Tuesday’s Bloomberg/Washington Post Republican debate at Dartmouth College in New Hampshire earned further momentum for ex-pizza CEO Herman Cain, who has been gaining attention in the past few weeks with his “9-9-9 plan.” The tax plan would mandate a flat 9% rate on income, corporations, and the national sales tax. What initially seemed like a rhetorical gimmick for the previously mocked presidential hopeful actually seemed to hold water under scrutiny from Rick Perry and Mitt Romney, the other two major players at this juncture.
With voting in the state likely to start in the new few weeks, the session went relatively smoothly. Charlie Rose moderated, keeping the tone more business-like and less of a melee than past debates, and the candidates sat a table, allowing for a discussion atmosphere without as much outright campaigning. The subdued tone was also partially due to Rick Perry’s calmness throughout the evening: his typical fire was noticeably absent, and he was somehow able to turn almost every question he was asked into an argument for energy independence. Perhaps after criticism about his often-fumbling debate style, his advisors believed that silence was golden. This tactic didn’t necessarily make him look like the smartest guy in the room, but it didn’t make him look like the dumbest (a key factor in this crowd). Plus, his promise of putting 1.2 million Americans to work in the energy industry didn’t sound half bad, if he can swing it.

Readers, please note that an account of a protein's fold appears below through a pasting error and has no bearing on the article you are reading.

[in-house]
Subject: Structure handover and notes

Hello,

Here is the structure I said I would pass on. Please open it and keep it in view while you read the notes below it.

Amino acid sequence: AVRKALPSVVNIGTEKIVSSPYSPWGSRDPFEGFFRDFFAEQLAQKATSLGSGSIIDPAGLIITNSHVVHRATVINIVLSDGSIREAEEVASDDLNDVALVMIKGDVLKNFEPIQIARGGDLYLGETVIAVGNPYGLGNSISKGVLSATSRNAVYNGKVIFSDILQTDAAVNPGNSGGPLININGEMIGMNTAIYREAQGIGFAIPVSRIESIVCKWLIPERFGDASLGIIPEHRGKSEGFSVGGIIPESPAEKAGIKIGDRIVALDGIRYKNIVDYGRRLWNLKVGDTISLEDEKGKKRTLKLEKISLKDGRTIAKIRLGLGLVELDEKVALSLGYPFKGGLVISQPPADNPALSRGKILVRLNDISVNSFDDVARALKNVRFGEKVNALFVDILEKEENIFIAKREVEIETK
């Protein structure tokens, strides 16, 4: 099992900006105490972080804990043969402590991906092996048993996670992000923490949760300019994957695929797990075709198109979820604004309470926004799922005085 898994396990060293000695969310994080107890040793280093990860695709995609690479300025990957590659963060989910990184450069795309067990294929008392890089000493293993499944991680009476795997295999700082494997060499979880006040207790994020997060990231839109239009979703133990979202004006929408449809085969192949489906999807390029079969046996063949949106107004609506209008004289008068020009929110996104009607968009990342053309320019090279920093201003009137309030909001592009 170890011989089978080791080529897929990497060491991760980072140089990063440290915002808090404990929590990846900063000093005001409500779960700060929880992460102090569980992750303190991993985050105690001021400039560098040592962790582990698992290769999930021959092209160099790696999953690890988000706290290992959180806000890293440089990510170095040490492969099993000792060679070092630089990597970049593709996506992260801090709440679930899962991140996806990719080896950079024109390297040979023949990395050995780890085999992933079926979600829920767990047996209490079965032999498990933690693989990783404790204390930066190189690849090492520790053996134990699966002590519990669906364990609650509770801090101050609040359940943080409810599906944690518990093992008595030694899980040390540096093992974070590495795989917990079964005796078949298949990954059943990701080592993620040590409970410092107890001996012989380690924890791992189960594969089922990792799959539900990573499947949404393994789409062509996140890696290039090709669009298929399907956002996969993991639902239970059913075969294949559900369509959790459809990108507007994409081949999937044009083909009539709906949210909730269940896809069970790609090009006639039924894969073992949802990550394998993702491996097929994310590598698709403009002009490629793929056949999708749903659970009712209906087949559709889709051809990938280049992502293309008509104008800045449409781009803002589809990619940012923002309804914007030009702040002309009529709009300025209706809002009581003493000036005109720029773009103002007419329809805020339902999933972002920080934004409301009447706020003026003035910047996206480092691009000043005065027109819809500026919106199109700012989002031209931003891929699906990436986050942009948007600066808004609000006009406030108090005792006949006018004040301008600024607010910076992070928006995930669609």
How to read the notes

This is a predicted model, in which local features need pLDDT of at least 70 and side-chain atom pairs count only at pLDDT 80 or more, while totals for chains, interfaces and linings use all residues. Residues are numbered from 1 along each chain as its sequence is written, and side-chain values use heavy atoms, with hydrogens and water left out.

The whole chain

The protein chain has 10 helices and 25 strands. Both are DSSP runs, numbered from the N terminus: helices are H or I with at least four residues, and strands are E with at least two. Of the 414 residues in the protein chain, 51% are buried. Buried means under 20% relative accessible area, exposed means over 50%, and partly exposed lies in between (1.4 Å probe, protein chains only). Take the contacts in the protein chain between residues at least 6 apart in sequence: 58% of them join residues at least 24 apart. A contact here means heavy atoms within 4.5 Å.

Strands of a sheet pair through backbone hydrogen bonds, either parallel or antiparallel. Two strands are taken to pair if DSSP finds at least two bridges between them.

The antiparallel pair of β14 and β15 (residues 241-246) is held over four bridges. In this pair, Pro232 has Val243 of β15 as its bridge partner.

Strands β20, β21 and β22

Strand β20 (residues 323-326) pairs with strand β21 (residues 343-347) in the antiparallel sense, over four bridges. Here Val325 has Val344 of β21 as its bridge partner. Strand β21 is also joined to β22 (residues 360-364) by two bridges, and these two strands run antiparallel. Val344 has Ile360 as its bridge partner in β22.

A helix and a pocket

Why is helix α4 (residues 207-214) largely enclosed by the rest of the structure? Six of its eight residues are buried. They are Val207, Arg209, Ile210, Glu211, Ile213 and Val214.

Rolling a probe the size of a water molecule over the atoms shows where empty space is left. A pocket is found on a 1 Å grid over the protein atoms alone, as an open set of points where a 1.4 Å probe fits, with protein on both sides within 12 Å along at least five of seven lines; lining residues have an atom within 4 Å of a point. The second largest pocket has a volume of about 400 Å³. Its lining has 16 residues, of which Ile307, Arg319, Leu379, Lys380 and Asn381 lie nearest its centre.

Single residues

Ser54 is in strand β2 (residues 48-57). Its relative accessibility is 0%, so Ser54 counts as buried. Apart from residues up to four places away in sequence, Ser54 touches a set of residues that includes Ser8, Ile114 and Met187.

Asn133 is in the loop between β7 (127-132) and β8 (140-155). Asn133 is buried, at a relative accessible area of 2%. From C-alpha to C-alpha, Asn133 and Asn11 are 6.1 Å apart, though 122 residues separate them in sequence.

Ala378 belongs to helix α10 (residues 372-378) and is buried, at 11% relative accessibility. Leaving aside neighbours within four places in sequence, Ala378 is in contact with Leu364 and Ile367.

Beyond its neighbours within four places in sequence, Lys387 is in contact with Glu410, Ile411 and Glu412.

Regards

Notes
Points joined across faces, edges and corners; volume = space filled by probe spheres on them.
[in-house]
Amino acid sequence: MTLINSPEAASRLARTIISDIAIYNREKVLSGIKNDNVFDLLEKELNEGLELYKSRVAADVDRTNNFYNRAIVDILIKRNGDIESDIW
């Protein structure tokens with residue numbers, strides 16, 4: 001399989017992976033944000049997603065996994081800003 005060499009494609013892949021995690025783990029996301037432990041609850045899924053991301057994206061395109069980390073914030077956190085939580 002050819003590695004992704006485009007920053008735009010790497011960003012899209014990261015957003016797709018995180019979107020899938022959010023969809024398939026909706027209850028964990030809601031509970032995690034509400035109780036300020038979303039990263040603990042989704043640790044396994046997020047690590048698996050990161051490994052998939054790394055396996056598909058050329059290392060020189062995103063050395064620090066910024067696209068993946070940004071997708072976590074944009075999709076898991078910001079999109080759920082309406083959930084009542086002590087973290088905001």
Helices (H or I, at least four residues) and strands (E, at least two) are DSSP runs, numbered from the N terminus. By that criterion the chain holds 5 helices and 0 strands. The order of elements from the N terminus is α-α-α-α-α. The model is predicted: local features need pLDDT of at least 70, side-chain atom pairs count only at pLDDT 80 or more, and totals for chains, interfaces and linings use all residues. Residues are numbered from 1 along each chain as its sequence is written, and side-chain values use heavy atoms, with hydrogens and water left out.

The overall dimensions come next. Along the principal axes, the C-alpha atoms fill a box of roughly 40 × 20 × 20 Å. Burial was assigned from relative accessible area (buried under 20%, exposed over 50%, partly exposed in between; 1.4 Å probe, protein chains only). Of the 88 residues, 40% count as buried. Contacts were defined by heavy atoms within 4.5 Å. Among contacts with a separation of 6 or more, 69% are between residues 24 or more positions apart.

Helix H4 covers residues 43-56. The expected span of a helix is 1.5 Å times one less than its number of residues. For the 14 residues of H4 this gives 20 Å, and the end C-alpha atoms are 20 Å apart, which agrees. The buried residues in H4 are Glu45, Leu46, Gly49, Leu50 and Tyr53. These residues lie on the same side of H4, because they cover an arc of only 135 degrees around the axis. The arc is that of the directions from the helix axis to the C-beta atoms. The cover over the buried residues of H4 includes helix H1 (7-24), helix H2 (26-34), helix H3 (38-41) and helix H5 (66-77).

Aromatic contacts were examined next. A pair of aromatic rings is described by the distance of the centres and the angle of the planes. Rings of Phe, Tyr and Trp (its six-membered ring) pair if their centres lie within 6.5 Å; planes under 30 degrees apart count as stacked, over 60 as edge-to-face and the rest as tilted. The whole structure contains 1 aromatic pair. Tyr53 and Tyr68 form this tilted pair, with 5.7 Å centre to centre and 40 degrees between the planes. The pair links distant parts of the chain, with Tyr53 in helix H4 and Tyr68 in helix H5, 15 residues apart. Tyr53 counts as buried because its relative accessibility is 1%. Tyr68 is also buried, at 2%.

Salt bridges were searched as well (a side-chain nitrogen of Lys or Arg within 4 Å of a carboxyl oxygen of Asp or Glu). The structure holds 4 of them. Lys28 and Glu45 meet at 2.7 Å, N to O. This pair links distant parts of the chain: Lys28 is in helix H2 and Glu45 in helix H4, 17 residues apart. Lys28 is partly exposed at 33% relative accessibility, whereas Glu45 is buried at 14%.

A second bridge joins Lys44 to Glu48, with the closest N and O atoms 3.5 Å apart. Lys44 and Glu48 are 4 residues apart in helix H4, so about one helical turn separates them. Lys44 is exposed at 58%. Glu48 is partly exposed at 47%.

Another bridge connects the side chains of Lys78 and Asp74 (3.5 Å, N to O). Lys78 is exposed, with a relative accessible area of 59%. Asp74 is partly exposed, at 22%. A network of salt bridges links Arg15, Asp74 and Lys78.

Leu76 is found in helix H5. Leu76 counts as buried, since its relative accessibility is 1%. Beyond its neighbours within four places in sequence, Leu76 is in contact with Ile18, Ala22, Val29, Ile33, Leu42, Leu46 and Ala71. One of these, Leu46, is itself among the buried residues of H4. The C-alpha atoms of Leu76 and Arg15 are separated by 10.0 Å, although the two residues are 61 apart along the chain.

Romney remained comfortable and smooth in the economic debate, taking flak for his 160-page economic plan from Cain (who once notoriously touted the evils of having to read too much) and turning the question into one of his shining moments of the evening. When Cain asked Romney whether his 59-point plan was “simple, transparent, efficient, fair and neutral,” Romney actually summed it up in under a minute. The plan focused on “trade policies that open up new markets to American goods” and implementing policies that get Americans back to work.
Romney sat on his lead. He held strong and came out looking like the sharpest of the group. The clear focus of the debate’s attention though, was the presumed new second place candidate. A noteworthy chunk of the entire chat was spent either listening to Cain talking about his plan, or listening to the other candidates try to poke holes in it. Herman Cain, the candidate who seemed to get written-off early in the race, had the evening’s attention, and therefore, the evening itself.
Still, GOP voters have proven fickle thus far. If the Cain praising turns out to be just his fifteen minutes of Republican fame as it was for Perry and Bachman in the very recent past, last night’s debate won’t end up hurting Romney’s chances for the nomination.